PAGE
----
1. Enforce an equipment policy for remote employees: If possible, use the equipment available, secured and controlled by your company. When it’s not possible, give clear usage and security instructions to your remote workers.
     
  2. Secure external access: Use a VPN (Virtual Private Network) to secure connections to your network. If possible, limit VPN access to only authorized machines. Any attempt to connect from another machine must be denied.
     
  3. Reinforce password policy: All passwords have to be long enough, complex and unique for each equipment used or service. For more security, activate two-factor authentication on remote sessions, especially for logins to the corporate network.
     
  4. Implement strict security updates policy: As soon as they are available, you need to deploy them on all device in your information system. Threat actors can quickly exploit those vulnerabilities.
     
  5. Ensure backup of data and activities: Backups might be the only way for your company to recover its data after an attack. You need to perform and test backups regularly to make sure they are working.
     
  6. Adopt professional antiviral solutions: They’re a good way to protect companies from common viral attacks, but they can also sometimes protect from phishing, or from certain ransomware.
     
  7. Implement logging of the activity: Set up systematic logging of all access and activities of your equipment (servers, firewall, proxy…), and workstations. This might be the only way to understand a cyber-attack, the extent of it and how to remedy it.
     
  8. Manage the activity of all external accesses and sensitive systems: In order to detect a suspicious access which could be the sign of an attack, you should monitor RDP sessions and all access to files and folders. If possible, real-time alerts and an immediate response allow you to act before any damage is done.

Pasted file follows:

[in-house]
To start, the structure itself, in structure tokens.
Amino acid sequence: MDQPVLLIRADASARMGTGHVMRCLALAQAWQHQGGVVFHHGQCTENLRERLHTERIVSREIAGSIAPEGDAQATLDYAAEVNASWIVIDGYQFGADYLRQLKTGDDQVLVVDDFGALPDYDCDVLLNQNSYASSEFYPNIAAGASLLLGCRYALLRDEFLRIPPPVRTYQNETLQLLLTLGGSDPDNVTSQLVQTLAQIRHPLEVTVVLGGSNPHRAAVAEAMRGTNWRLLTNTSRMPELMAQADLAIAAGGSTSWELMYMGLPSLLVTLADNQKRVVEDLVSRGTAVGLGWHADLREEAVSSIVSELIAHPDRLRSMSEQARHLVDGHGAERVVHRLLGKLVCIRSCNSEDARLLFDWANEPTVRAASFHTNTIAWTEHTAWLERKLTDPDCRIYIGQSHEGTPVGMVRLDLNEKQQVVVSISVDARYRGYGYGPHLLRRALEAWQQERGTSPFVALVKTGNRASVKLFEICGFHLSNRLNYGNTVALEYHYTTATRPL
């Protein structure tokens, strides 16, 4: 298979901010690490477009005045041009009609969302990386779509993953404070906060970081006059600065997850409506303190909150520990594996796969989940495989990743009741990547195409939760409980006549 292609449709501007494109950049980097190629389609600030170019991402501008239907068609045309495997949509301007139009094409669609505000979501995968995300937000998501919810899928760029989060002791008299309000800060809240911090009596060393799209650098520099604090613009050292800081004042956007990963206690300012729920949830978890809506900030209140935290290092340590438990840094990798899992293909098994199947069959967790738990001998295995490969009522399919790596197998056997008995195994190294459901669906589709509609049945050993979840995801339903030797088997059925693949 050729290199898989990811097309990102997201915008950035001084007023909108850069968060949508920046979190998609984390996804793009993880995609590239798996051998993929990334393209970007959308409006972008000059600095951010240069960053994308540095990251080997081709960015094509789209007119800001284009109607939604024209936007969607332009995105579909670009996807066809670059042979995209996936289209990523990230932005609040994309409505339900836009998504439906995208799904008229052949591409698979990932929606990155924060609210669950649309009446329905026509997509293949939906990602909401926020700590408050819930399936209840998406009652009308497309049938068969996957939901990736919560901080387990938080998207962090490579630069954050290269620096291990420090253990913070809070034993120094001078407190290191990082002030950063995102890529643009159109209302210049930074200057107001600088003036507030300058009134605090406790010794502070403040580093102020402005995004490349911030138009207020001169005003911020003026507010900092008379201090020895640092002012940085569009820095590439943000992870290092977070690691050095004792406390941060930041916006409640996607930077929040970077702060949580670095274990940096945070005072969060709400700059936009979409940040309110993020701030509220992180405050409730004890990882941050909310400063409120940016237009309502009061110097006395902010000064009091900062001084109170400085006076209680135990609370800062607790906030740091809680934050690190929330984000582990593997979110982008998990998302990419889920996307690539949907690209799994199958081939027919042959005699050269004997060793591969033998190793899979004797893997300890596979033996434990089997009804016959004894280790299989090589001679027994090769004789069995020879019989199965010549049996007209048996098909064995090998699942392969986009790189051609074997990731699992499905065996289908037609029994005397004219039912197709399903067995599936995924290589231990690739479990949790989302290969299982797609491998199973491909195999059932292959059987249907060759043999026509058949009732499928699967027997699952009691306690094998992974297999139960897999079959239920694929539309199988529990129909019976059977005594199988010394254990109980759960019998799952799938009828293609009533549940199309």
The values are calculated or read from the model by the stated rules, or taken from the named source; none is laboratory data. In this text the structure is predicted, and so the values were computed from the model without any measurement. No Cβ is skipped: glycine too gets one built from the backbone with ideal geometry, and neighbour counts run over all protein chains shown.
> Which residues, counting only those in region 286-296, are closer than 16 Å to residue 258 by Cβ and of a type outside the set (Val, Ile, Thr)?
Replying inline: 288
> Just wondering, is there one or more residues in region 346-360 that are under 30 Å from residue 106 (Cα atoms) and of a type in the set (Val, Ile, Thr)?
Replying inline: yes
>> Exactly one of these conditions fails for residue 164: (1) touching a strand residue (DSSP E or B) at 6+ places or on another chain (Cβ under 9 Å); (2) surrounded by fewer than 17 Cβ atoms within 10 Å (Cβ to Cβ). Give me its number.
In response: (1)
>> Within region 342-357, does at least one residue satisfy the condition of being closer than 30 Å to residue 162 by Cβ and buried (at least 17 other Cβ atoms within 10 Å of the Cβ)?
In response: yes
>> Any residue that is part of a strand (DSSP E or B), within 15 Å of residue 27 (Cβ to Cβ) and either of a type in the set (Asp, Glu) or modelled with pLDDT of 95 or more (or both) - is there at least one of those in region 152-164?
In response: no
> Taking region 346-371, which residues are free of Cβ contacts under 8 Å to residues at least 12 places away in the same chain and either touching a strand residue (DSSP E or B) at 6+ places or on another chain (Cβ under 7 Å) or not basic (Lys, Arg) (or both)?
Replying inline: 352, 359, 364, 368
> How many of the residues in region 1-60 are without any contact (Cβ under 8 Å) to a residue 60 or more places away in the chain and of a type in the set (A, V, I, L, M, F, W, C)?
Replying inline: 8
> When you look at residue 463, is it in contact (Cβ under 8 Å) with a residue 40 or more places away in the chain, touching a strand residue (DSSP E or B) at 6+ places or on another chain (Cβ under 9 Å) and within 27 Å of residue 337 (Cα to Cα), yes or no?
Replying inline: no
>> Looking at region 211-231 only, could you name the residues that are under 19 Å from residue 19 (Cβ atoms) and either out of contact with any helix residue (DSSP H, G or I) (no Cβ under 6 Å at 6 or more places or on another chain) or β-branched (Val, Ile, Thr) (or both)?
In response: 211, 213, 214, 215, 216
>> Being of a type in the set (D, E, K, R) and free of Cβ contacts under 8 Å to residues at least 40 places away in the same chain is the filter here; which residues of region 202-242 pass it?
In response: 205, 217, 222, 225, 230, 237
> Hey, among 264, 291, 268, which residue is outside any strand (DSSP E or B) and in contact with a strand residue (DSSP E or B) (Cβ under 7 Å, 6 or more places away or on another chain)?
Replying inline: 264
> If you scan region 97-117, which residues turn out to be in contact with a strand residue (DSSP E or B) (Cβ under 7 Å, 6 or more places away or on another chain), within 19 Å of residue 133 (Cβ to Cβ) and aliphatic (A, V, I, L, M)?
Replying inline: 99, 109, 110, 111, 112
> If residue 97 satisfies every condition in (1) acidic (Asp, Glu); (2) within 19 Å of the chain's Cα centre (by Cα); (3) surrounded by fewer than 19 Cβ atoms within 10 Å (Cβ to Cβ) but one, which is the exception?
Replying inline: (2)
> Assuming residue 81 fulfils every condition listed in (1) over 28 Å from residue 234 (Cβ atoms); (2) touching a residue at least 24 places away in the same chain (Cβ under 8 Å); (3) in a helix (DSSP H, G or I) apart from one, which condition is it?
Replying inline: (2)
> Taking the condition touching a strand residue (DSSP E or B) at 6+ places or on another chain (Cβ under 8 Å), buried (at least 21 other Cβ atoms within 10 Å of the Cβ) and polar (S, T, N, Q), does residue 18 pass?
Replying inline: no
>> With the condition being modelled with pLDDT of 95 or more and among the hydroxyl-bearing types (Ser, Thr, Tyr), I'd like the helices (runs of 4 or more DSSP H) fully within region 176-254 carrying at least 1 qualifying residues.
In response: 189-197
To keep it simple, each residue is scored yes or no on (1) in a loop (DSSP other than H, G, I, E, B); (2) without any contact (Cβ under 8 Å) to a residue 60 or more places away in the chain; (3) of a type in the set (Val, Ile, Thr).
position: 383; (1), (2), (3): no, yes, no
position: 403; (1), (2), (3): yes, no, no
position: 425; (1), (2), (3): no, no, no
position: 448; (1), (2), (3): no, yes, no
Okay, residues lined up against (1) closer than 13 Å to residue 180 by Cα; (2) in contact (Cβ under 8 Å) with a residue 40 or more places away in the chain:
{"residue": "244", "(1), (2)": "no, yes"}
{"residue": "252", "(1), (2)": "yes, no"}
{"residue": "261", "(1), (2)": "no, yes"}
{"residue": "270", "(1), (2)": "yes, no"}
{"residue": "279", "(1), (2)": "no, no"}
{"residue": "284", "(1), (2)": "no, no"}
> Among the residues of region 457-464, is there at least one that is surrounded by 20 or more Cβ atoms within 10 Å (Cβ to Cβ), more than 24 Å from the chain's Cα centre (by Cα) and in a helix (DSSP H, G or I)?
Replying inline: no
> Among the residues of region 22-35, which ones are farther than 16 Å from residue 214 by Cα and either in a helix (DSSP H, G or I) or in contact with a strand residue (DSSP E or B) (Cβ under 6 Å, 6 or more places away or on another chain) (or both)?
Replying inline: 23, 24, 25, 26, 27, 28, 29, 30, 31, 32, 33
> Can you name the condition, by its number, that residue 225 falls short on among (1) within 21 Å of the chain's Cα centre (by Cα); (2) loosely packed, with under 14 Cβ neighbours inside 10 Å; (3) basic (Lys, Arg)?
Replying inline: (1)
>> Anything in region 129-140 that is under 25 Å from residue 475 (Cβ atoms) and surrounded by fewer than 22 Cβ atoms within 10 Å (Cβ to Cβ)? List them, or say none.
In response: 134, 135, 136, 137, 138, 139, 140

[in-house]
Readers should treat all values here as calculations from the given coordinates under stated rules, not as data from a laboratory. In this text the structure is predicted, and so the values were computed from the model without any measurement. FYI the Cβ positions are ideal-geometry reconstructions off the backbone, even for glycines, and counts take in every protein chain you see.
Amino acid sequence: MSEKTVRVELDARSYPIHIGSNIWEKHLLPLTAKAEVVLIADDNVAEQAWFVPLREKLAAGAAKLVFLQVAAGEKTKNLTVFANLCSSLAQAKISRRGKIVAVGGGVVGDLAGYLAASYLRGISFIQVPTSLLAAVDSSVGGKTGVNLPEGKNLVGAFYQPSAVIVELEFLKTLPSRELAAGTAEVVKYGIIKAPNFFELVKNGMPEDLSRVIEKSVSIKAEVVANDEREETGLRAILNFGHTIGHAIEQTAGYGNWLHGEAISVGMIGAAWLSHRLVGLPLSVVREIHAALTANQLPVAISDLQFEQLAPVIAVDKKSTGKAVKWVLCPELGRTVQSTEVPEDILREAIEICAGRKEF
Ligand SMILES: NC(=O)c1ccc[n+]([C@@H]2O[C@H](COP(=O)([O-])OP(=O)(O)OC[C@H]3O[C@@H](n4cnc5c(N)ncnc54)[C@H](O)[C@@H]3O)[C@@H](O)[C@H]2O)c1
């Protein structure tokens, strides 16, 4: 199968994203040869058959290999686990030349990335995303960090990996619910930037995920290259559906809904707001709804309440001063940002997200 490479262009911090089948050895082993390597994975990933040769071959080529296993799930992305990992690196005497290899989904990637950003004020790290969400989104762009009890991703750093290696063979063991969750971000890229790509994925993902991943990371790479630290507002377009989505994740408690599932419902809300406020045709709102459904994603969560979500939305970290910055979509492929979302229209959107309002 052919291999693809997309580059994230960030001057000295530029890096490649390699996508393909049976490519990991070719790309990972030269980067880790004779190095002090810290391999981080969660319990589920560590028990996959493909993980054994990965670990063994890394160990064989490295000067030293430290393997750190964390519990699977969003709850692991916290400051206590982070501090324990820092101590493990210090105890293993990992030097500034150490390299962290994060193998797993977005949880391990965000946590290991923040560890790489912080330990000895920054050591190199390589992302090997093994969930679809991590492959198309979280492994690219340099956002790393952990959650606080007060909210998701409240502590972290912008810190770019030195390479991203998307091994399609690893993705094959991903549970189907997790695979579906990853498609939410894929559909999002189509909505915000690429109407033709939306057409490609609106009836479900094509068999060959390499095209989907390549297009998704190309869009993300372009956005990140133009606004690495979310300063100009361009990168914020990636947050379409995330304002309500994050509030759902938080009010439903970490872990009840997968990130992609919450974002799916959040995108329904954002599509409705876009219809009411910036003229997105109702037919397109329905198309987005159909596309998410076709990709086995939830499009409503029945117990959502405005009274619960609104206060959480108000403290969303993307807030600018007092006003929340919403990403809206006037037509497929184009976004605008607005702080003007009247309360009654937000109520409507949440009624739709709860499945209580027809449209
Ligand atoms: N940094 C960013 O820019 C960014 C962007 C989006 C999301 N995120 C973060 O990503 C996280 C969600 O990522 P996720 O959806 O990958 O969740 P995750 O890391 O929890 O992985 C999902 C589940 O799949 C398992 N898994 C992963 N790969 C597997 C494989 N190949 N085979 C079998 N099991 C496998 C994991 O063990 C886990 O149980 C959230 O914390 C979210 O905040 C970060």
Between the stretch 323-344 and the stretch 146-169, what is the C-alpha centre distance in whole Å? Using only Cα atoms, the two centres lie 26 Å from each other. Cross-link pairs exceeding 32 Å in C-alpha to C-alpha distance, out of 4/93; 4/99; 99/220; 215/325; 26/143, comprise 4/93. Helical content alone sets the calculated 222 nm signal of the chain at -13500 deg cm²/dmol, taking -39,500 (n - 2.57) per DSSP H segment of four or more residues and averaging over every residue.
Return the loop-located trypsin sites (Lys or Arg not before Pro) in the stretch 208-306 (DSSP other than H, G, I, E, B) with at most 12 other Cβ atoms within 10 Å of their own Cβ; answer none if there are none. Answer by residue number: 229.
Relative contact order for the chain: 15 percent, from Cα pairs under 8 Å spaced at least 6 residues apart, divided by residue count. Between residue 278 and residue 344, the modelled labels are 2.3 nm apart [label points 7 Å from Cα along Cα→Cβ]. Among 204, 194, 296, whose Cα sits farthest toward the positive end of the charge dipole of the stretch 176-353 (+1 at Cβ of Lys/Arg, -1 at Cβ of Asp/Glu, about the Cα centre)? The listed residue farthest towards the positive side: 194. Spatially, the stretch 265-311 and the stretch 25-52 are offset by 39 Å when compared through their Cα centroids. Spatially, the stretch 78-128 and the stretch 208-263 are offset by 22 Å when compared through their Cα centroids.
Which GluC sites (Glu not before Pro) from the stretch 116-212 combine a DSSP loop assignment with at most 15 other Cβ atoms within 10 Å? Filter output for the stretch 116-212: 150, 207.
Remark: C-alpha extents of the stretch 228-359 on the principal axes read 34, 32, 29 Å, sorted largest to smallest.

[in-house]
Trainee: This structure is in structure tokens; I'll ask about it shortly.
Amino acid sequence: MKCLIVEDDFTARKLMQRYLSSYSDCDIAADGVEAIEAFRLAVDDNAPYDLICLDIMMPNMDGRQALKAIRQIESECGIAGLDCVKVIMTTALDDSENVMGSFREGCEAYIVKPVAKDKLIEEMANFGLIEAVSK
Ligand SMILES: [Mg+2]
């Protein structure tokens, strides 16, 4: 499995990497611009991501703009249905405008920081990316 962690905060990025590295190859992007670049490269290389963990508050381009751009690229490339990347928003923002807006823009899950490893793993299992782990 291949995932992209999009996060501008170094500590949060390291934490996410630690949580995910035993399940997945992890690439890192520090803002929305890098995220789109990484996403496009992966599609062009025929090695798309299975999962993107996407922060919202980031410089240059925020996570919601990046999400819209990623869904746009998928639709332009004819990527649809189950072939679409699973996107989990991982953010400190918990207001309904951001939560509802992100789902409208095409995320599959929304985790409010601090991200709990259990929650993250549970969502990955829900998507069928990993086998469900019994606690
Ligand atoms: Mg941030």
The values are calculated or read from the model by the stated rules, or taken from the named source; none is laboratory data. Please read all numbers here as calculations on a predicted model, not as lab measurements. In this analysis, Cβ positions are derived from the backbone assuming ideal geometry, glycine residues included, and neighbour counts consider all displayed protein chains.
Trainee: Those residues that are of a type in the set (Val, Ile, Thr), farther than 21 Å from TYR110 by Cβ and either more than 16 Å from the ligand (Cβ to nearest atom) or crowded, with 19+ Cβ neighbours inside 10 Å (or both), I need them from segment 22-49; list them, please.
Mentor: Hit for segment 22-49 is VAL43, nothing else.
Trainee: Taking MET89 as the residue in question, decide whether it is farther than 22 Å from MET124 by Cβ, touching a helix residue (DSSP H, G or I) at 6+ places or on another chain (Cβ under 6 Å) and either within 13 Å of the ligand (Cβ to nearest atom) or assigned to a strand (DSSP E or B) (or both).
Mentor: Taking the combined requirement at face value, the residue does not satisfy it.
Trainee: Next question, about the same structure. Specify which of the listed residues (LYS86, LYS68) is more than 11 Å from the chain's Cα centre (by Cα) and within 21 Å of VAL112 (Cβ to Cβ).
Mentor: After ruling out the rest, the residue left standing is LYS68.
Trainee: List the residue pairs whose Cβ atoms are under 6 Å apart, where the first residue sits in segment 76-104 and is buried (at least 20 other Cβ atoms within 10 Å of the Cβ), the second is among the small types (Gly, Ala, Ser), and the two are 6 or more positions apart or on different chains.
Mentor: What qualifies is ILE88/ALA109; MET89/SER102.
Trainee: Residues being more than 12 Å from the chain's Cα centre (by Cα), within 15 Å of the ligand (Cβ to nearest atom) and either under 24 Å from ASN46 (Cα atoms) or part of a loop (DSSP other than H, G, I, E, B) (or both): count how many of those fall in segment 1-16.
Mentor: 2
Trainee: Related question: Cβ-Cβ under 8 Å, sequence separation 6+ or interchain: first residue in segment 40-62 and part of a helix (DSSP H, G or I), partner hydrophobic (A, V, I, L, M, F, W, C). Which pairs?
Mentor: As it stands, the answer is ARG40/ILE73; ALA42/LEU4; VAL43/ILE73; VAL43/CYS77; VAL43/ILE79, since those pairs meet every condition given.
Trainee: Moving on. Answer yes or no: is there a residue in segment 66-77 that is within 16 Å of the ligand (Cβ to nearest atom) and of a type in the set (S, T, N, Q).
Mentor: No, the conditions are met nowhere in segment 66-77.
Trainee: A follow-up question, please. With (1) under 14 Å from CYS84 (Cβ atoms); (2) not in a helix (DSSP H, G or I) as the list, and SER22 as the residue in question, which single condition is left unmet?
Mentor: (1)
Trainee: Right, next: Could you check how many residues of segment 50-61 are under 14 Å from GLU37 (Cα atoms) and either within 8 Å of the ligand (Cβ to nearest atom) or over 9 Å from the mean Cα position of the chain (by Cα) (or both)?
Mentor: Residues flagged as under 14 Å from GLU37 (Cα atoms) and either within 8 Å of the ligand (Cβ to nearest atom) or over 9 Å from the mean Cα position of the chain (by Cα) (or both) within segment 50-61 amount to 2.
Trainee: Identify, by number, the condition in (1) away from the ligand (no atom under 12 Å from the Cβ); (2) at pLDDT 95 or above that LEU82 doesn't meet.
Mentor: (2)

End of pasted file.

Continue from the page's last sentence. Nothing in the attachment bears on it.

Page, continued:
9. Promote awareness: Remote workers must be given clear instructions on what they can or cannot do. Users will often be the first barrier to avoid or detect attacks.
     
  10. Get ready for a cyber-attack: No organization, whatever its size, is completely immune to cyber-attacks. Assessing the different possible attack scenarios is a good way to prepare for it and anticipate the measures to be taken to protect your company.
     
  11. Managers: get involved! The implication and responsibility of managers in security measures have to be exemplary to ensure the adhesion of employees.

 


About the Author

François Amigorena is the founder and CEO of IS Decisions, and an expert commentator on cybersecurity issues. 

IS Decisions is a provider of infrastructure and security management software solutions for Microsoft Windows and Active Directory. The company offers solutions for user-access control, file auditing, server and desktop reporting, and remote installations.

 Its customers include the FBI, the US Air Force, the United Nations and Barclays — each of which rely on IS Decisions to prevent security breaches; ensure compliance with major regulations; such as SOX and FISMA; quickly respond to IT emergencies; and save time and money for the IT department.